A CRYING CHILD AWAITING TO THE KNIFE OF A CIRCUMCISER

In addition, harmful traditional practices like FGM is also often considered as a cultural obligation such as rite of passage into womanhood, Female Genital Cutting is done to elevate the woman and in some cases pregnant women, into a socially acceptable class in society.

In some Communities where culture has evolved over the years, a class struggle allows the traditional Circumcisers to carry out certain rituals and the required ceremony, as alternative to cutting of the female genitals.

In Edo North Senatorial District of Edo State, only the pubic hair is shaved as a symbolic ritual of the rite of passage for pregnant women into womanhood. These practice which denies women their inalienable right to enjoy sex and poses other health challenges to them. FGM practice thrives due to low level of enforcement of the law and other legal frameworks which protects the right of the girl child.

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In a telephone interview, Police Public Relations Officer of the Nigeria Police Force, Edo State Command, DSP Chidi Nwabuzor said he is not aware of any reported case of violation of the law relating to FGM.

The culture of secrecy which tends to deny the girl child the right to speak out, is a lack of structures to provide support to victims who are experiencing the effects of FGM.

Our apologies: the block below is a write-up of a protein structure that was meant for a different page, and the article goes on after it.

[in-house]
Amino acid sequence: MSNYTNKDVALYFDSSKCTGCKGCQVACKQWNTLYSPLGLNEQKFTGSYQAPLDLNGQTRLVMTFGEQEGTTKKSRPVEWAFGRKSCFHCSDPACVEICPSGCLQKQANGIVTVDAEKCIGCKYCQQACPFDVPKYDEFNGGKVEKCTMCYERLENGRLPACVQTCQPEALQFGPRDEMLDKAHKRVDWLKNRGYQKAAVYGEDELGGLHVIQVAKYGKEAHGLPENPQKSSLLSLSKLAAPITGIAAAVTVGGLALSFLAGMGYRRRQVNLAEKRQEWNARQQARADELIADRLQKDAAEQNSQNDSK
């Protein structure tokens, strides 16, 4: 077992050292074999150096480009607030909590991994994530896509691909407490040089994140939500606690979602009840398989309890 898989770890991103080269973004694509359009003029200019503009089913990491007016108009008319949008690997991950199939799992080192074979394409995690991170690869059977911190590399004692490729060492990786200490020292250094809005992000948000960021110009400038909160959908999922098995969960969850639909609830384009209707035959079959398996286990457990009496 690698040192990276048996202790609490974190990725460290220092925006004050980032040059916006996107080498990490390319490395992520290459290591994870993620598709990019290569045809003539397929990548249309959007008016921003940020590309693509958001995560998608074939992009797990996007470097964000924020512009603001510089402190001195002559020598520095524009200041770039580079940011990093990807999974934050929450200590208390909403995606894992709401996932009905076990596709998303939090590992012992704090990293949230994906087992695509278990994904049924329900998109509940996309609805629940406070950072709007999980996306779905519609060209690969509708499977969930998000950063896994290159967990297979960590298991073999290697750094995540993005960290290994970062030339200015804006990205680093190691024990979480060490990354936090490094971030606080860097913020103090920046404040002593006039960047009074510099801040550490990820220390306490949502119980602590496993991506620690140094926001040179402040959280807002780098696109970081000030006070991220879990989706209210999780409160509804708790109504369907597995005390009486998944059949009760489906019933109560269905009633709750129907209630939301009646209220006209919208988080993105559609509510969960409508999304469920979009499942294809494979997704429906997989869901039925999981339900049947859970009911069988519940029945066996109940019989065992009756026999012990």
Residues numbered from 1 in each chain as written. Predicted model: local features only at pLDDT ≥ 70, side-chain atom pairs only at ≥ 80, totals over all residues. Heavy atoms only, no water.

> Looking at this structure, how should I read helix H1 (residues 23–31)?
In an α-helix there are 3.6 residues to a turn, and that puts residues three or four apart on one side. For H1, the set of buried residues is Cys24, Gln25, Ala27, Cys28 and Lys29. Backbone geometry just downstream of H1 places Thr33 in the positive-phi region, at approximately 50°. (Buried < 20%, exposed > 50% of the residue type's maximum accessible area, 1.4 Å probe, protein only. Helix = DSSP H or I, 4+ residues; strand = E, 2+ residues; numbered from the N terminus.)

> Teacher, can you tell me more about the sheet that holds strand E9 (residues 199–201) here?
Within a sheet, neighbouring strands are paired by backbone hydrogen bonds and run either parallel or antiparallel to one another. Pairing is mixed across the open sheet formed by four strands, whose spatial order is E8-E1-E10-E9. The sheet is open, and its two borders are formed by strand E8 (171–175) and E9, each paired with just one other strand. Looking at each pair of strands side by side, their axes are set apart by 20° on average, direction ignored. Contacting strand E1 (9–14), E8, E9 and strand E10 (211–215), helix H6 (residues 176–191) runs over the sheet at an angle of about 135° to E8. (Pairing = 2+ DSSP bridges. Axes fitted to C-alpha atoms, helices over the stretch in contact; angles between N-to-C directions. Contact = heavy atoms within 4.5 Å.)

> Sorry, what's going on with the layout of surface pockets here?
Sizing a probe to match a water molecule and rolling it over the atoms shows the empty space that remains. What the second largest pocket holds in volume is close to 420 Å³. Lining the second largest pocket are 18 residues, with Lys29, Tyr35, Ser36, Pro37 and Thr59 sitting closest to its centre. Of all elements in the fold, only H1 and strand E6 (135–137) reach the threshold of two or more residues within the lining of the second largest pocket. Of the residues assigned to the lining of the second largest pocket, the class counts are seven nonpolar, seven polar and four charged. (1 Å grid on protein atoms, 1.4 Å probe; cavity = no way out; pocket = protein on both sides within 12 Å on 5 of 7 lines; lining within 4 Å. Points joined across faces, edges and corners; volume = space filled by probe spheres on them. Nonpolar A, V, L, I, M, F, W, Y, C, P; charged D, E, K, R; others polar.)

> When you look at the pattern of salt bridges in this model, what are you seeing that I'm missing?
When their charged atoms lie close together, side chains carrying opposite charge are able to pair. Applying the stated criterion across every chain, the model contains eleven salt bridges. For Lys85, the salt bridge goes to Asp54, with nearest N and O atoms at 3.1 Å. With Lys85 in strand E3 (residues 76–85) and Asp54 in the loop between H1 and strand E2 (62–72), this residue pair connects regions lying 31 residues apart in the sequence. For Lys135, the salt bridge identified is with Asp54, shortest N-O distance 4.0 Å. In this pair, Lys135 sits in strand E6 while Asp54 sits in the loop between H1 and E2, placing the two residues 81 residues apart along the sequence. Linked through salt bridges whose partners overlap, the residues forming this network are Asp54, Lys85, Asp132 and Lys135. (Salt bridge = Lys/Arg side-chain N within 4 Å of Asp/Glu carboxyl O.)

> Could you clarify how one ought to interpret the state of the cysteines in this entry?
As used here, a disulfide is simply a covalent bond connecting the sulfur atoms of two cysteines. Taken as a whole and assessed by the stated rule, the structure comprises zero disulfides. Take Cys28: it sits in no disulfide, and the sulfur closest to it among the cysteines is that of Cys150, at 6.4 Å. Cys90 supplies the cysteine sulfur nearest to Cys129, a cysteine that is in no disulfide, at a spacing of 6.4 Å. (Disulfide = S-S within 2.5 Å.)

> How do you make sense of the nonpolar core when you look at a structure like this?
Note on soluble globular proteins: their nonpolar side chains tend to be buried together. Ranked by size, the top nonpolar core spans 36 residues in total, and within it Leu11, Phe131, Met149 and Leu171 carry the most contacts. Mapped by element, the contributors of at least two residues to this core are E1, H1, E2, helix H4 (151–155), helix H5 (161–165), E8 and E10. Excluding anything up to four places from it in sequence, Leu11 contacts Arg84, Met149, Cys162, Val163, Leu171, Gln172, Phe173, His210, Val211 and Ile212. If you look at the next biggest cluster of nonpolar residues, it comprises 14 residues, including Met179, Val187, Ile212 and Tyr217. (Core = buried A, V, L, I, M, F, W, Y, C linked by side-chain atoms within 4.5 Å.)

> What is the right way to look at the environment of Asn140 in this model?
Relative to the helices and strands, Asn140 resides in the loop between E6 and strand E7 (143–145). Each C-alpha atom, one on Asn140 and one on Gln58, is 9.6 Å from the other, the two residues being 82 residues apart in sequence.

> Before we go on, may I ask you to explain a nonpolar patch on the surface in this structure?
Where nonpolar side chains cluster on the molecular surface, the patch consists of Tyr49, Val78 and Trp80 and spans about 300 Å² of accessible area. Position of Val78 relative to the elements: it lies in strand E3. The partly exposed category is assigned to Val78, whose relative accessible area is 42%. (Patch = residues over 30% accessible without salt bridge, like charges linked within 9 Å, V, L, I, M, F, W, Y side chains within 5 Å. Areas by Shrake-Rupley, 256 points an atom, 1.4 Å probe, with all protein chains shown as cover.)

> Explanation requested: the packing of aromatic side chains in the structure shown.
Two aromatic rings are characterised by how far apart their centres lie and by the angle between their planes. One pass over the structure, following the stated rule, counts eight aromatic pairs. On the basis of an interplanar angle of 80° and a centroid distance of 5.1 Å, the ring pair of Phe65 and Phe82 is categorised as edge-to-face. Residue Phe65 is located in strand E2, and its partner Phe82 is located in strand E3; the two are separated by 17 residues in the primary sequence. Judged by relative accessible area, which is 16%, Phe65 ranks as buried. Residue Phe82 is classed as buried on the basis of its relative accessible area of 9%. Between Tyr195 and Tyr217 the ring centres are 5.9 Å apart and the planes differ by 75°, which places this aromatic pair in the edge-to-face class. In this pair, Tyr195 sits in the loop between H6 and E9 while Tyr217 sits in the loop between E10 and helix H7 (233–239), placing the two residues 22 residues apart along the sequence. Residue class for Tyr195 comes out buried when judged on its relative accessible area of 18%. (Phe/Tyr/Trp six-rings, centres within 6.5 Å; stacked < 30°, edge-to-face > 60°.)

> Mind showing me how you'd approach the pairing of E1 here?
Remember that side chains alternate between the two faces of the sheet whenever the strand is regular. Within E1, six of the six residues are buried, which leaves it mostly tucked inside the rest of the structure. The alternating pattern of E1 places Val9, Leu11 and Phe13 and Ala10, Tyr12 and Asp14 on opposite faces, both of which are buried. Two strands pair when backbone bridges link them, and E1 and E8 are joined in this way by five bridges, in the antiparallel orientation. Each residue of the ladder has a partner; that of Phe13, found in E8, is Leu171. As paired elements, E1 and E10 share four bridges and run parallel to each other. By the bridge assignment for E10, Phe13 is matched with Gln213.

Comrade Cynthia Buluebiere Bright, a Civil society advocate for the eradication of FGM said there should be a specialized Clinic where Couples who are having sexual challenges as a result of the effects of Genital Mutilation can go to see help through counselling and guidance.

On her part Hon Justice Nogi Imoukhuede in a paper titled Female Genital Female Genital Mutilation (FGM): A Crime in Edo State, described FGM as a cultural practice that has been with the Edo People from time immemorial.

She argued that: “The cultural belief is that FGM prevents sexual promiscuity and promotes chastity in women. We now know that this myth is a harmful belief that militates against women’s health in Nigeria”.

GOOGLE: A BLIND FOLDED FEMALE CHILD AWAITING A CUT BY A CIRCUMSISER